Residents talk about walking in downtown
From a dog park to a downtown youth center, Belen residents proposed numerous ideas Saturday on how to make the area a much more attractive place for residents as well as visitors.
This was the first of three town meetings to help planners learn what is needed, what is wanted and what will work best in Belen.
The meeting, held at the Belen Public Library, was hosted by the Resiliency Corp., a youth injury prevention initiative, that is collaborating with the University of New Mexico's School of Architecture and Planning to organize the Walkable Belen project.
The project is funded by a $6,200 grant from the 2012 Pedestrian Safety and Walkability Initiative, which is sponsored by the N.M. Department of Transportation Traffic Safety Bureau. The goals being address are the revitalization and sustainability of the area, and making downtown Belen a place where tourists will visit and where locals will enjoy.
"Belen is in a position to bounce back," said Belen resident Dubra Karnes-Padilla, director of the University of New Mexico's Fitness and Wellness Education Center and member of the Resiliency Corp. "Belen is a small town with big ideas."
Alfred Simon, Ph.D., director of the UNM Landscape Architecture Program and associate dean of the School of Architecture and Planning, said there are two theories of having a Walkable Belen: The ability to walk in a safe place, and offering venues people will want to go to in the area.
He identified downtown Belen as being from Reinken to Becker and from First Street to Main Street.
"It doesn't matter how great a sidewalk is if there isn't anything there making it desirable," Simon said of the area. "We need to find out if people will be wanting to walk in this area for its destinations. We want to give them a reason to jump on the train on a Saturday and come to Belen."
Some of the questions Simon asked the audience of about three dozen area residents were: What do you want Belen to be? What's Belen's identity — not theme, but true identity and sense of who you are?
A strong identity, Simon says, coupled with having an attitude that the city will become a destination place, will make the project successful
"All of you are here and are invested here," he said.
Some of the key areas of downtown Belen are the Kuhn Hotel, the Harvey House Museum, the gateway from the Rail Runner station to the area and the Doodlebug Park.
Architecture students at UNM have also been designing proposals for the area. One design included the rehabilitation of the historic Kuhn Hotel. Currently, the hotel, which is owned by Joan Artiaga-Armijo, is uninhabitable. Simon said that if something isn't done with the building soon, "it's a goner."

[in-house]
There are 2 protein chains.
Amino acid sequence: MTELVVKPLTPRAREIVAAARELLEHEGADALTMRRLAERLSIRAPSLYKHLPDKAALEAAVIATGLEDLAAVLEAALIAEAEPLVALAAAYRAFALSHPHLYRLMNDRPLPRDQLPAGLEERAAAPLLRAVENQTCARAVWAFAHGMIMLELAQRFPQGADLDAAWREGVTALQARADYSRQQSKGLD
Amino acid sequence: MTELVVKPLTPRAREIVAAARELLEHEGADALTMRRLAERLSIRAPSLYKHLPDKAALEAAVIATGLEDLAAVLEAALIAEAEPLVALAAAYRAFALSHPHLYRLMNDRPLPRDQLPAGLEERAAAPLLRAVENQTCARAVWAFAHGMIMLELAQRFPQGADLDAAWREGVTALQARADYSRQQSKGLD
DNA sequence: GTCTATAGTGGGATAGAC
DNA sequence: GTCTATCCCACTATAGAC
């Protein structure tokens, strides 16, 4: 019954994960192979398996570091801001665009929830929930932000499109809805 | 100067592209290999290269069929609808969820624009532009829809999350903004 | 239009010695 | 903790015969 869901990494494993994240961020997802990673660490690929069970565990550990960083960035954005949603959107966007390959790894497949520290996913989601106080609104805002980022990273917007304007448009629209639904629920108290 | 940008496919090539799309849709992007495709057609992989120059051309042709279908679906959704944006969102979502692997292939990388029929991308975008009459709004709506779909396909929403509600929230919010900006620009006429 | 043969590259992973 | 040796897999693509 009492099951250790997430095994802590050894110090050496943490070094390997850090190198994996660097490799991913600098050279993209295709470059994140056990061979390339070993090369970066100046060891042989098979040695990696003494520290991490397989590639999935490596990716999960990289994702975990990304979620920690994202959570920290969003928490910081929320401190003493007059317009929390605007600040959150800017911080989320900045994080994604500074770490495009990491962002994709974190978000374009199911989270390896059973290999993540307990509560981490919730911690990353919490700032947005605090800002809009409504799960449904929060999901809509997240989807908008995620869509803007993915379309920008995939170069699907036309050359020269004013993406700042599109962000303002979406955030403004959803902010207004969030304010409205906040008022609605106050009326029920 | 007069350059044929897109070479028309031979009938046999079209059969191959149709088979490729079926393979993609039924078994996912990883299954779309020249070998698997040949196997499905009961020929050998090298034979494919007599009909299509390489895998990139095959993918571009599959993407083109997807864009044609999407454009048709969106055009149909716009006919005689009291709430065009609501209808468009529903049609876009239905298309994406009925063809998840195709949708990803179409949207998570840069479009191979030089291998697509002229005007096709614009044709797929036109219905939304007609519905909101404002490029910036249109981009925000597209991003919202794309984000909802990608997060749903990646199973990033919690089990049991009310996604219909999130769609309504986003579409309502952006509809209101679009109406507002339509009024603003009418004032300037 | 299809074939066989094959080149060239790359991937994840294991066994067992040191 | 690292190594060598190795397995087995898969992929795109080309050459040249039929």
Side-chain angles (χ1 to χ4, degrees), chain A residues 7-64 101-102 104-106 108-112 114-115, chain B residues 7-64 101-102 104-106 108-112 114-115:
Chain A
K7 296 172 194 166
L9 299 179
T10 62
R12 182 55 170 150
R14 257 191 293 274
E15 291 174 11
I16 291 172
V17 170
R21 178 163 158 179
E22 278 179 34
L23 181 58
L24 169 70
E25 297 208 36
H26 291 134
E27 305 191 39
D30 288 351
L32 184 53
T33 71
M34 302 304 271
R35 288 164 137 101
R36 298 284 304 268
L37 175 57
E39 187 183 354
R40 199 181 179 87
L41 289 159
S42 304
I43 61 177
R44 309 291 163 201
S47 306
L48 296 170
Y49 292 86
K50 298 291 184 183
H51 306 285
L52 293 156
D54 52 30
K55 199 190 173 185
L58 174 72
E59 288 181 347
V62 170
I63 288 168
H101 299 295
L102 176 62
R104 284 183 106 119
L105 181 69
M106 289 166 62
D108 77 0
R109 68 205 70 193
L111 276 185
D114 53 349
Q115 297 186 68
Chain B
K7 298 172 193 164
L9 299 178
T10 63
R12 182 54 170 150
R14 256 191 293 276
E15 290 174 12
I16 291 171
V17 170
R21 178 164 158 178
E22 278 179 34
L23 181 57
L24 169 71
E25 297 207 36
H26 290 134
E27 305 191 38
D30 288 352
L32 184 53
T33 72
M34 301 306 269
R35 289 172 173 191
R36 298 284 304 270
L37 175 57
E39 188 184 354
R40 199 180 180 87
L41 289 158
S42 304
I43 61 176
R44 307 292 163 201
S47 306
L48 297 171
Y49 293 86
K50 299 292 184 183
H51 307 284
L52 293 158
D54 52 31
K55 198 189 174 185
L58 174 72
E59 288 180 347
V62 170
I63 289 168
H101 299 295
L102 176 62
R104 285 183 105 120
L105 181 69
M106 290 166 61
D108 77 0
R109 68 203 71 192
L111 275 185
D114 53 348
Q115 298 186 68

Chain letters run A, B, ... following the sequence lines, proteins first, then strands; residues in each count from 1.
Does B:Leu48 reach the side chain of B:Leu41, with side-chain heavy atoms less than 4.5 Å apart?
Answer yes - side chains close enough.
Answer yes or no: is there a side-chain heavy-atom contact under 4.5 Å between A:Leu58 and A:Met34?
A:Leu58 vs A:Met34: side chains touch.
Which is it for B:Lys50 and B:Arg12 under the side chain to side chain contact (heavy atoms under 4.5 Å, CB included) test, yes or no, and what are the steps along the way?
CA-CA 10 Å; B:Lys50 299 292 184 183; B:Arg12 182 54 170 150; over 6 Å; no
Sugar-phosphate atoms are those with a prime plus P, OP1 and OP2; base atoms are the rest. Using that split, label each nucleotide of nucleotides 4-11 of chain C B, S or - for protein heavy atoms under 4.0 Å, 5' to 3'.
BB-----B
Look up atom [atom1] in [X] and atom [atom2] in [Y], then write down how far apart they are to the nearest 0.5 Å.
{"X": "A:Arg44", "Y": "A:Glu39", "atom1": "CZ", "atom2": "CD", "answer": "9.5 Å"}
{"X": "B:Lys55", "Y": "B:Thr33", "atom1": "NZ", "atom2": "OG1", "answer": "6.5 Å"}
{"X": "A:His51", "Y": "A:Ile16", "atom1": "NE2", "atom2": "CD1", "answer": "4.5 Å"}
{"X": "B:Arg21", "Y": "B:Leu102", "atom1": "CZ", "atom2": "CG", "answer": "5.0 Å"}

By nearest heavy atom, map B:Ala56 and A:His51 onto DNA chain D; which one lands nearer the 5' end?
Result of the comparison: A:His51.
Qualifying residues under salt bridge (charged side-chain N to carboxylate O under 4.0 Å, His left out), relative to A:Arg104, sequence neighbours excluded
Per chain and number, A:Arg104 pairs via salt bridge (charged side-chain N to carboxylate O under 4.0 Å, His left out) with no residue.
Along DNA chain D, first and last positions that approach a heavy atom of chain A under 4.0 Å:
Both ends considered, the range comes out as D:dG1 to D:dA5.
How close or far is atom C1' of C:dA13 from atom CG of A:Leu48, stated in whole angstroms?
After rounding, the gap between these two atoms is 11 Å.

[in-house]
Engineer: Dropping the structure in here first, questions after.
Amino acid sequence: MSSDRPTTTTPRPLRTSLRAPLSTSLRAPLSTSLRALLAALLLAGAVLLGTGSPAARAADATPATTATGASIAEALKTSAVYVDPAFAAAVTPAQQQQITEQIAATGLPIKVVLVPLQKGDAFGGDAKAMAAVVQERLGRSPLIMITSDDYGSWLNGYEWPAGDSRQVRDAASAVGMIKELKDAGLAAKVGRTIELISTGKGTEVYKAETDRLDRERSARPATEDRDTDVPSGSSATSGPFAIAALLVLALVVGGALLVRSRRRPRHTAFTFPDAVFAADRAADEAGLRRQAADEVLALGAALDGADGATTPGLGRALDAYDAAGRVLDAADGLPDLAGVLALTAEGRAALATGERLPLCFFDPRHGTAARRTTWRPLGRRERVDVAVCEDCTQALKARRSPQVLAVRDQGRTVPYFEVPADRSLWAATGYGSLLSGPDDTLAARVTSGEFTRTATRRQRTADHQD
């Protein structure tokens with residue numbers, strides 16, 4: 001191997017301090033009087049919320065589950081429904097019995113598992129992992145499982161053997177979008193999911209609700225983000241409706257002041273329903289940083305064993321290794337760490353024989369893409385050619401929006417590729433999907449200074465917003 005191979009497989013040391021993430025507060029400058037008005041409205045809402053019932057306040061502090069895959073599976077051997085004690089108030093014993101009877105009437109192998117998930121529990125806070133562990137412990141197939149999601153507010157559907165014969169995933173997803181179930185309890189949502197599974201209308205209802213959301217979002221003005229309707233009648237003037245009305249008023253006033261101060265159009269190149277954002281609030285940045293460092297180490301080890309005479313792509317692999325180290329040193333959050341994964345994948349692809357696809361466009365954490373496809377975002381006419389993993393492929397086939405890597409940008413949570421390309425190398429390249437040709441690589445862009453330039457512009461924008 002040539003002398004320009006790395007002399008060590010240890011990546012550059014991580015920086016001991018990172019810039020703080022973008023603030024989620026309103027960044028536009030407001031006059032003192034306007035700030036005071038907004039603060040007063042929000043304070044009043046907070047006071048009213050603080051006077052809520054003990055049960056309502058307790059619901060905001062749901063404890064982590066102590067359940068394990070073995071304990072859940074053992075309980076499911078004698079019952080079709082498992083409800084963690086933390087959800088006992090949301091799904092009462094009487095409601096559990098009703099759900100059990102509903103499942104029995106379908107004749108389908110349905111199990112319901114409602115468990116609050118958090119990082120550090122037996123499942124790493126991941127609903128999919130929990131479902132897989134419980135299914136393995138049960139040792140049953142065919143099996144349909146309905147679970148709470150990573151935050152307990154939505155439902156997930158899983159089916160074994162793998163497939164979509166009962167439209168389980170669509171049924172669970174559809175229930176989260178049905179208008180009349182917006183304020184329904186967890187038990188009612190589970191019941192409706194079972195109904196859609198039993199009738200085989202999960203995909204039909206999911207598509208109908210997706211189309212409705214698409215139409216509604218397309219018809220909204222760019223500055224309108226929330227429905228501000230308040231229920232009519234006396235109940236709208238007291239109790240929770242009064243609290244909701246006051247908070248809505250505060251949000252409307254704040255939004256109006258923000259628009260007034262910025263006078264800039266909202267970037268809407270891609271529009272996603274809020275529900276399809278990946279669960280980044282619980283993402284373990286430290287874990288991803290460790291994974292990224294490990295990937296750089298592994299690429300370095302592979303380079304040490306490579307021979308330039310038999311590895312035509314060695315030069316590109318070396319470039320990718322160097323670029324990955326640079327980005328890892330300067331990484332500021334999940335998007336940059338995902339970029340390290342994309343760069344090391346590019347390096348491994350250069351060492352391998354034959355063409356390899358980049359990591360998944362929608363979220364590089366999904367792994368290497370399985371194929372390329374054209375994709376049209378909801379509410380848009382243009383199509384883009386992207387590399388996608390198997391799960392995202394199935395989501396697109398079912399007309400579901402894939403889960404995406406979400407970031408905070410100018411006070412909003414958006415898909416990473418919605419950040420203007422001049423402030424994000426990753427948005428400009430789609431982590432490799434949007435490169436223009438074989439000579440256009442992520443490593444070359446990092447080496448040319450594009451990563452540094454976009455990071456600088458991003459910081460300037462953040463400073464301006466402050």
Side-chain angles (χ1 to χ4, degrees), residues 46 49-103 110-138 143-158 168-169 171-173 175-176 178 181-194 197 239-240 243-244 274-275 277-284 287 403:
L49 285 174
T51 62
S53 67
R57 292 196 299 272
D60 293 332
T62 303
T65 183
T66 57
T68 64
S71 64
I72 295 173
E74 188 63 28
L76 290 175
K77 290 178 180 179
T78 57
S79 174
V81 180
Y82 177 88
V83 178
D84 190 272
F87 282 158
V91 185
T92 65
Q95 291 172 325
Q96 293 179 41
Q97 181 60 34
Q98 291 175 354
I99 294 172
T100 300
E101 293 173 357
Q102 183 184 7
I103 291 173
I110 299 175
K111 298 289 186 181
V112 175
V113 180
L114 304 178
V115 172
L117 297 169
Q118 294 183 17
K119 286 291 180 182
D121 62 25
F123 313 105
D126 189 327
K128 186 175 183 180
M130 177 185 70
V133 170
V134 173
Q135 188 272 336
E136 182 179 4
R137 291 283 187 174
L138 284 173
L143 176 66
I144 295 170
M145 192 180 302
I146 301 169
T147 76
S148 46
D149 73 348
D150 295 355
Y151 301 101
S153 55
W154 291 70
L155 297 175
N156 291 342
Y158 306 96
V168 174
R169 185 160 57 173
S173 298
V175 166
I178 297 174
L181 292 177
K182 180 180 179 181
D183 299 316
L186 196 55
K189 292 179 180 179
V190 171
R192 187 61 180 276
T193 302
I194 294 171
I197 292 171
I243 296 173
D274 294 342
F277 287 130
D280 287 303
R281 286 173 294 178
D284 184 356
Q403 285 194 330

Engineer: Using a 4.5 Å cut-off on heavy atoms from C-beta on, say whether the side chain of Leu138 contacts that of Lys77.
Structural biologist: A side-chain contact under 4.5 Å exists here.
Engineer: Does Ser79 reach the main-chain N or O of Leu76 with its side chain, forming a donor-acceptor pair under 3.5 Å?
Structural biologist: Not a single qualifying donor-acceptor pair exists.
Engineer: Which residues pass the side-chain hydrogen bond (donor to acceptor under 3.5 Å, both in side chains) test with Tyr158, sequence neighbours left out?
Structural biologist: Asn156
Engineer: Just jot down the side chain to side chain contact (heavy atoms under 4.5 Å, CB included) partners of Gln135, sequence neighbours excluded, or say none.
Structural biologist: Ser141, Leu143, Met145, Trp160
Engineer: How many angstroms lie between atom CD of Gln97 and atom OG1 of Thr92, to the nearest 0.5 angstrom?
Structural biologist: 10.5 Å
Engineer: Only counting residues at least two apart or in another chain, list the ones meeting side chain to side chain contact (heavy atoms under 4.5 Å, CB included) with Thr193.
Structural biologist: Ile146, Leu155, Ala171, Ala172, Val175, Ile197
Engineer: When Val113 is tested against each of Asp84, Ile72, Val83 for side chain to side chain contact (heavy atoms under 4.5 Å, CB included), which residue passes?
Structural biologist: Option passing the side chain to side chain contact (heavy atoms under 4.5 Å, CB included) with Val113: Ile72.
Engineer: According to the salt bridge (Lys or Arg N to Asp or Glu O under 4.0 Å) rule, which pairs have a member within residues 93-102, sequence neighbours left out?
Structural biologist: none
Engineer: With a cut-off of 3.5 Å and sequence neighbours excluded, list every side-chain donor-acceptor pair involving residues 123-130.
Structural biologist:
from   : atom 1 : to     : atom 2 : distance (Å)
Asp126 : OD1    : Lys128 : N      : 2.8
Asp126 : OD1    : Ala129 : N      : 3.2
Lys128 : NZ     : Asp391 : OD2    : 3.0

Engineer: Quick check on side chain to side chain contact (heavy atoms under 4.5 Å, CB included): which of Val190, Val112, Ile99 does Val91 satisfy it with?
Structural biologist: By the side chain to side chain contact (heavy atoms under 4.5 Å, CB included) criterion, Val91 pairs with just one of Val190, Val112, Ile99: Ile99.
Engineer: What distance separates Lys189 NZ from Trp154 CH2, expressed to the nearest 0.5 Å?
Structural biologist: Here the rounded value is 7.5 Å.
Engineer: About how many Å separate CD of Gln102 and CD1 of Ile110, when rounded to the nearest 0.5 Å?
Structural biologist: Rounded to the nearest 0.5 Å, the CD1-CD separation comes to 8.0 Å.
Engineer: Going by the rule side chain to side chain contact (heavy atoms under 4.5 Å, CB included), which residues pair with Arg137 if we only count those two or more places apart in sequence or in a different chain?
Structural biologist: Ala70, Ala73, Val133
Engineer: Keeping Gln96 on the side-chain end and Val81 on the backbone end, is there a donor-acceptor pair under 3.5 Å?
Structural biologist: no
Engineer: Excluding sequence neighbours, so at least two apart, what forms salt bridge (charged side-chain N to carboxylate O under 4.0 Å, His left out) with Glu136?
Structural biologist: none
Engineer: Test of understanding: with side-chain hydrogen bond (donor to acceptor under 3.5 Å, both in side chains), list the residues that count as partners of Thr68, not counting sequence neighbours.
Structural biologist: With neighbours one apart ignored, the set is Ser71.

One student proposed a design for the old hotel that would include an artist work/live area with a few hotel rooms.
Another proposed design included a plaza area on First Street at the bottom of the pedestrian bridge. It would be an "welcoming entry" into the city to draw visitors in.
Some other designs shown were courtyards at the Harvey House Museum, several rail cars at the Doodlebug Park to be used as art studios, a spiral ramp up to the water tower, a youth media performance center and a system of signage to guide visitors through downtown Belen.
"Most of the projects require lots of money," Simon said. "But we'd like to focus on getting things done."
Before the area residents broke into groups, Simon told them to discuss several key questions, including, what is Belen's identity, what areas are in need of improvement, what are the existing assets, such as activities and businesses, should there be a signage system, what would attract people to come to Belen, how could the area be a more walkable place and what venues or activities would attract youth to downtown?
One group said there were several identities to Belen, such as the Hub City (railroad), it's history and culture. They also pointed out the rural atmosphere and its place in the Rio Abajo.
Some of the improvements cited from the group were safety issues, such as stop signs and sidewalks. One resident said some sidewalks are buckled and has fallen several times while taking a walk. Overgrown shrubs on sidewalks were also cited as safety concerns.
They also came up with a list of what would attract people to the area: A dog park, tree-lined streets, additional landscape, a bike-safety training park, an adopt-your-street program where residents would keep their neighborhood clean, more lighting, a refurbished bowling alley and using the old Rail Runner Café as a visitor's center.
Joanne Burns, of Rio Communities, also suggested a youth center, which would be accessible to teens who would be allowed to use the center after performing community service. She said the community service would be an incentive rather than a punishment.
Another group suggested a youth-run bike co-op, a park off the Rail Runner station, a space for murals, a skate park and making the water tower an emblem of the city.
A third group mentioned traffic on Main Street makes it difficult for pedestrians to cross in certain areas. They also spoke about additional lighting in the area, having a bowling center and building an aquatic center at the old Belen Schools Transportation Center, located south of the Belen Public Library.
One resident said law enforcement needs to be part of the discussion and talk about the safety issues.
"Belen is a beautiful town, but you have to make it beautiful and everyone has to work together," she said. "And you've got to be inclusive and hear what everyone has to say."
Simon said they will take back everyone's comments and ideas and will hold another town meeting in September.
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